The New Jersey smoking ban currently includes an exemption for casinos in Atlantic City. That might change someday in some way, but whether that will happen soon is currently somewhat of a gamble.
A bill in the state’s legislature to repeal that exemption has more support than any of its previous incarnations. It might not be enough to get it over the finish line this year, though.
More support for a New Jersey smoking ban change
Currently, the law gives AC casinos the freedom to choose to allow smoking on up to a quarter of their gaming floors. They’re free to have a smaller smoking area or ban it outright themselves if they wish.
The bill, S264, originally had the backing of six NJ senators. The bill’s sponsors cite the profitability of Atlantic City casinos and the health risks to casino workers as their motivation for proposing the change.
This is the second consecutive year in which such a bill has surfaced in the NJ legislature. Gov. Phil Murphy has gone on the record saying he would sign such a bill if the legislature passes one.
The bill has firm support from unions for casino workers. Last December, union members marched on the state capitol to demand its passage. They pointed to the casinos’ performances during a temporary smoking ban as proof that casinos would not suffer significantly if the exemption were repealed.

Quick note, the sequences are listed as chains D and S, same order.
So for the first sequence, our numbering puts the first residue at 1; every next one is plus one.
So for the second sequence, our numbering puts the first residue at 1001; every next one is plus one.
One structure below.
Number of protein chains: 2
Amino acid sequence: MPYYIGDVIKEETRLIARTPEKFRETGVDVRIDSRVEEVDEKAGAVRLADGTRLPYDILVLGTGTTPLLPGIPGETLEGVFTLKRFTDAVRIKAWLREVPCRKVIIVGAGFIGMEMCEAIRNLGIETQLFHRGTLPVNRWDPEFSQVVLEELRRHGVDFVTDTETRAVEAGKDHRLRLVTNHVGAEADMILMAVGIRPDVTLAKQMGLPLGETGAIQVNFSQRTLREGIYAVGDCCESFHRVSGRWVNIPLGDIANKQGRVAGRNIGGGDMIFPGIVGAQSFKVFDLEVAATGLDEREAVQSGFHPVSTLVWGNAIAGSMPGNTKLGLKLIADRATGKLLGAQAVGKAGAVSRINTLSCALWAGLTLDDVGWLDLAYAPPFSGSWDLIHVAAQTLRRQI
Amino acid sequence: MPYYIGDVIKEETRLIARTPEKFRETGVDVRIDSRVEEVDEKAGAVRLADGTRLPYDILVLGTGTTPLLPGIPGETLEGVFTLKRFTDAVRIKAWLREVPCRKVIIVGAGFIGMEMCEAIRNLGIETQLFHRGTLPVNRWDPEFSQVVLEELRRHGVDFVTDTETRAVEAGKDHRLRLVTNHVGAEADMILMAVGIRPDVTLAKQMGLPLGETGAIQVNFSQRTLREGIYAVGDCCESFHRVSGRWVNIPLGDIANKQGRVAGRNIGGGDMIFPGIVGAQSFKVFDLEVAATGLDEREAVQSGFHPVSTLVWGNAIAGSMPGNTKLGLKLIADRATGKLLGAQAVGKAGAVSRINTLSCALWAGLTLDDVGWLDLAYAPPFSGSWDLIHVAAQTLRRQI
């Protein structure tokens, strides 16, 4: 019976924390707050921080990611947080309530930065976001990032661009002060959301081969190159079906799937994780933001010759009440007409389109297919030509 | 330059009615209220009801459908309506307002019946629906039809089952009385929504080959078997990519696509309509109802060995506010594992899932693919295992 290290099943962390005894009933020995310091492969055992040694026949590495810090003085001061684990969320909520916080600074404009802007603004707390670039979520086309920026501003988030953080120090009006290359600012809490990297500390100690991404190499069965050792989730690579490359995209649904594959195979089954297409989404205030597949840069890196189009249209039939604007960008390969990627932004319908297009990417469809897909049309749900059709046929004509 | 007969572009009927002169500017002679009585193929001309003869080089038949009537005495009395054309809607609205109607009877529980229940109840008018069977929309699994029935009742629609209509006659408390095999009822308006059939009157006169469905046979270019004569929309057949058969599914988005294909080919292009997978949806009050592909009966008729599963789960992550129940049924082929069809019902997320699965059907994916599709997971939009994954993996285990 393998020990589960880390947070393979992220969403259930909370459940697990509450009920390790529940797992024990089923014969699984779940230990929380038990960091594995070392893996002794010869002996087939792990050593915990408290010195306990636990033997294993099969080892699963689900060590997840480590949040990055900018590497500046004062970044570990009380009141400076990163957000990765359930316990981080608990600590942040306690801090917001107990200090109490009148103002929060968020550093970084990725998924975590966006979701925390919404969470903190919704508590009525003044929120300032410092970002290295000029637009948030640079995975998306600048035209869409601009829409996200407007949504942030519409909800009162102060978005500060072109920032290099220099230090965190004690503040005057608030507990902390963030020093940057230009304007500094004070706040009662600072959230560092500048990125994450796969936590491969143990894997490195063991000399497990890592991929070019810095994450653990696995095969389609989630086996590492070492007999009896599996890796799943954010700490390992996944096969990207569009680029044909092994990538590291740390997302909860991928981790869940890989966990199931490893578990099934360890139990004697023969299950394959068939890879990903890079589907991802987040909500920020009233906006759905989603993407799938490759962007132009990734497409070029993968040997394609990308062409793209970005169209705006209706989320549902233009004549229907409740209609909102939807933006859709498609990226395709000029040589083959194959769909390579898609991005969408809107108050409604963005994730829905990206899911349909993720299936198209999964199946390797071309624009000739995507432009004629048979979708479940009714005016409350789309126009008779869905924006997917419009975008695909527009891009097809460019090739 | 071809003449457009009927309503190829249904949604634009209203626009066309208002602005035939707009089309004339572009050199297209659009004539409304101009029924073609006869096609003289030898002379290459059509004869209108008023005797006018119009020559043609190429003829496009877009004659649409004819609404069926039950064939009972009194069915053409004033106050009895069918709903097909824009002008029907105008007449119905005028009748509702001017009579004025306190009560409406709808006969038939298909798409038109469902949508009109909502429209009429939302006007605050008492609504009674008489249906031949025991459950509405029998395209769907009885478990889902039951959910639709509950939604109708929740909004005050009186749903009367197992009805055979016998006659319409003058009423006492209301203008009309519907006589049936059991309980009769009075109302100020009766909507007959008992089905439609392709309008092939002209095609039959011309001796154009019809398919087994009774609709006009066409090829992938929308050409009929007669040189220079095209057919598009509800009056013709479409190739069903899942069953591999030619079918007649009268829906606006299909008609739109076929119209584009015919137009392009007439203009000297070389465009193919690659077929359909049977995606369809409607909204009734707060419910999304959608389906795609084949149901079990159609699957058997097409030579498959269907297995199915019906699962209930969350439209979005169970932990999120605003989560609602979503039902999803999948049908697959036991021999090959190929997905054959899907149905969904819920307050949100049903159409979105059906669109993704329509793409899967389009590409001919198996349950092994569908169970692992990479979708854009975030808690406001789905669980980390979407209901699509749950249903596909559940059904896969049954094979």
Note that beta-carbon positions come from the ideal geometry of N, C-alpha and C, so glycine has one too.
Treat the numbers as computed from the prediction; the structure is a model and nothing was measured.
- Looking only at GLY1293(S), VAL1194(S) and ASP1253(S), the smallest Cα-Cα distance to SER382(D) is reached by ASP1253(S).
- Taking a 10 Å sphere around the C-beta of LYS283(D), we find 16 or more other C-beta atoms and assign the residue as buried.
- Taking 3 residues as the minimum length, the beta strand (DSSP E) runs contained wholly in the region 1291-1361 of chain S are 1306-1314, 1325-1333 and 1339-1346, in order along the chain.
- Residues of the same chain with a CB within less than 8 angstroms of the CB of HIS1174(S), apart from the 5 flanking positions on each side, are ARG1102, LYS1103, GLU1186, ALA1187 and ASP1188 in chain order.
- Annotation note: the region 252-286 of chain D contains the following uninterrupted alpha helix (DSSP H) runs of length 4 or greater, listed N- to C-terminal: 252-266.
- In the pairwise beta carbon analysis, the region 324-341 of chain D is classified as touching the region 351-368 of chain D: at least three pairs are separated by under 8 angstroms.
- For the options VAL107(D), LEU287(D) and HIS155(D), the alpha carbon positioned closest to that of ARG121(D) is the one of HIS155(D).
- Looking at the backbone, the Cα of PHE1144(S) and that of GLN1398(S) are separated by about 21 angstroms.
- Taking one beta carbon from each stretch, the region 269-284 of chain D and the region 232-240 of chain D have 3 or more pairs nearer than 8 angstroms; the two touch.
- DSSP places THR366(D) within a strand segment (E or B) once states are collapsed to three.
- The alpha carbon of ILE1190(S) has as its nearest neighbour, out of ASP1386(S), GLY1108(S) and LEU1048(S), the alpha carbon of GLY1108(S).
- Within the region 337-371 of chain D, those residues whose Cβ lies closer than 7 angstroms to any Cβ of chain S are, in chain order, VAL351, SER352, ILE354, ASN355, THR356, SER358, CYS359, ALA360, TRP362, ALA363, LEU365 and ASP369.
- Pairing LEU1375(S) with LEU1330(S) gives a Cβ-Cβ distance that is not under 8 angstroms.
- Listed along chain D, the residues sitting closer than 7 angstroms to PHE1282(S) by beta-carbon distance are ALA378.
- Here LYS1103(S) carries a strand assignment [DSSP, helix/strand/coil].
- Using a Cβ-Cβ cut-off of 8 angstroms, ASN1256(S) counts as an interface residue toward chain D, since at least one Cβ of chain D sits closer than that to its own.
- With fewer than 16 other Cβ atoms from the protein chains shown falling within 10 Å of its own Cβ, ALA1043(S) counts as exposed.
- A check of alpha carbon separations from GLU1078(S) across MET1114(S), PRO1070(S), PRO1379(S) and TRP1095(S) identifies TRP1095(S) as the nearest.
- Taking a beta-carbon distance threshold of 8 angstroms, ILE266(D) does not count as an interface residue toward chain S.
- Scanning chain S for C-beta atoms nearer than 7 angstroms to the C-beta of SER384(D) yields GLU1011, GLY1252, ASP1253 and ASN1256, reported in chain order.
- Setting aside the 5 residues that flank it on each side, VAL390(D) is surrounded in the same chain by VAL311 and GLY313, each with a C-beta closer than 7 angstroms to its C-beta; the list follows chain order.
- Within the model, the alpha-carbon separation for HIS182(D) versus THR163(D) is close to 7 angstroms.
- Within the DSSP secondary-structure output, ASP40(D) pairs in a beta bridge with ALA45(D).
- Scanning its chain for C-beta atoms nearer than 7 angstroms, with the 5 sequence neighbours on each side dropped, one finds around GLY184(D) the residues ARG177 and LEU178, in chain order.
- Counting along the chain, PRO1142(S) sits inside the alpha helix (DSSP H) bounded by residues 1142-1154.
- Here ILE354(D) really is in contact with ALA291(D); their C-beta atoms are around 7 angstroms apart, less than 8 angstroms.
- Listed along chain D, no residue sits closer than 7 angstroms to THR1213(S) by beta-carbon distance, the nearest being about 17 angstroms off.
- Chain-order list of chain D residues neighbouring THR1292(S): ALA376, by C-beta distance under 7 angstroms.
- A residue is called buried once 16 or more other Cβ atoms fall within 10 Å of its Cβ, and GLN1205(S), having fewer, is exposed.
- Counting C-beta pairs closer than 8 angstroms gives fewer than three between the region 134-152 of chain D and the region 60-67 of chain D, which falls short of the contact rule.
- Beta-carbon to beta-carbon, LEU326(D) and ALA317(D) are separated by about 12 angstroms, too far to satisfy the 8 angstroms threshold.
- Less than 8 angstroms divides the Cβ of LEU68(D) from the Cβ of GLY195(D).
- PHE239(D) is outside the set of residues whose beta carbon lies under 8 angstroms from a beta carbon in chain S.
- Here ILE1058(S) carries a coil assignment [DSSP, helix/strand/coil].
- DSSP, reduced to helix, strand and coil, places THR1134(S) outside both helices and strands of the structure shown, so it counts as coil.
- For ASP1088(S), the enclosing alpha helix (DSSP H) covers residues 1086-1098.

Casinos didn’t struggle during temporary ban
For over a year, an executive order from Murphy banned smoking inside casinos. The purpose of the order was to limit the transmission of the COVID-19 virus within the facilities. While casinos were not open that entire time and dealing with capacity restrictions for a good portion of that year as well, their bottom lines did not see a huge drop due to the smoking ban.
In fact, AC casinos saw an 11% uptick in revenue in the first quarter of 2021 as compared to the same time period in 2019. Proponents have said that is because some casino guests actually feel more comfortable in smoke-free environments.
Casino operators disagree, however. They have said that they could lose up to 16% of their business if customers are unable to smoke anywhere indoors. It’s unclear how much sway they will hold over members of the state legislature if the bill comes up for a vote on the NJ Senate floor.
For them, it’s a tightwire act of trying not to offend either the casino lobby or unions. While many members have kept their sentiments close to the chest so far, others have chosen sides.
Former governor joins sponsors
Late last month, NJ Sen. Richard Codey joined the bill’s sponsors. When he was the state’s governor, New Jersey enacted the law that bans indoor smoking in almost every other venue in the state.
The bill is currently in the NJ Senate’s Health, Human Services, and Senior Citizens Committee. It’s unclear whether it will proceed to the full membership. Both Codey and the bill’s original sponsor, Sen. Robert Singer, are on that committee.
If the Senate passes it, NJ Assembly Speaker Craig J. Coughlin, says his body will consider the measure. Coughlin’s willingness may prove a moot point, though.
Last year, the bill never made it out of a Senate committee. That might be its fate again this year, despite the increased public support. This year’s activity might prove merely a building block toward future enactment.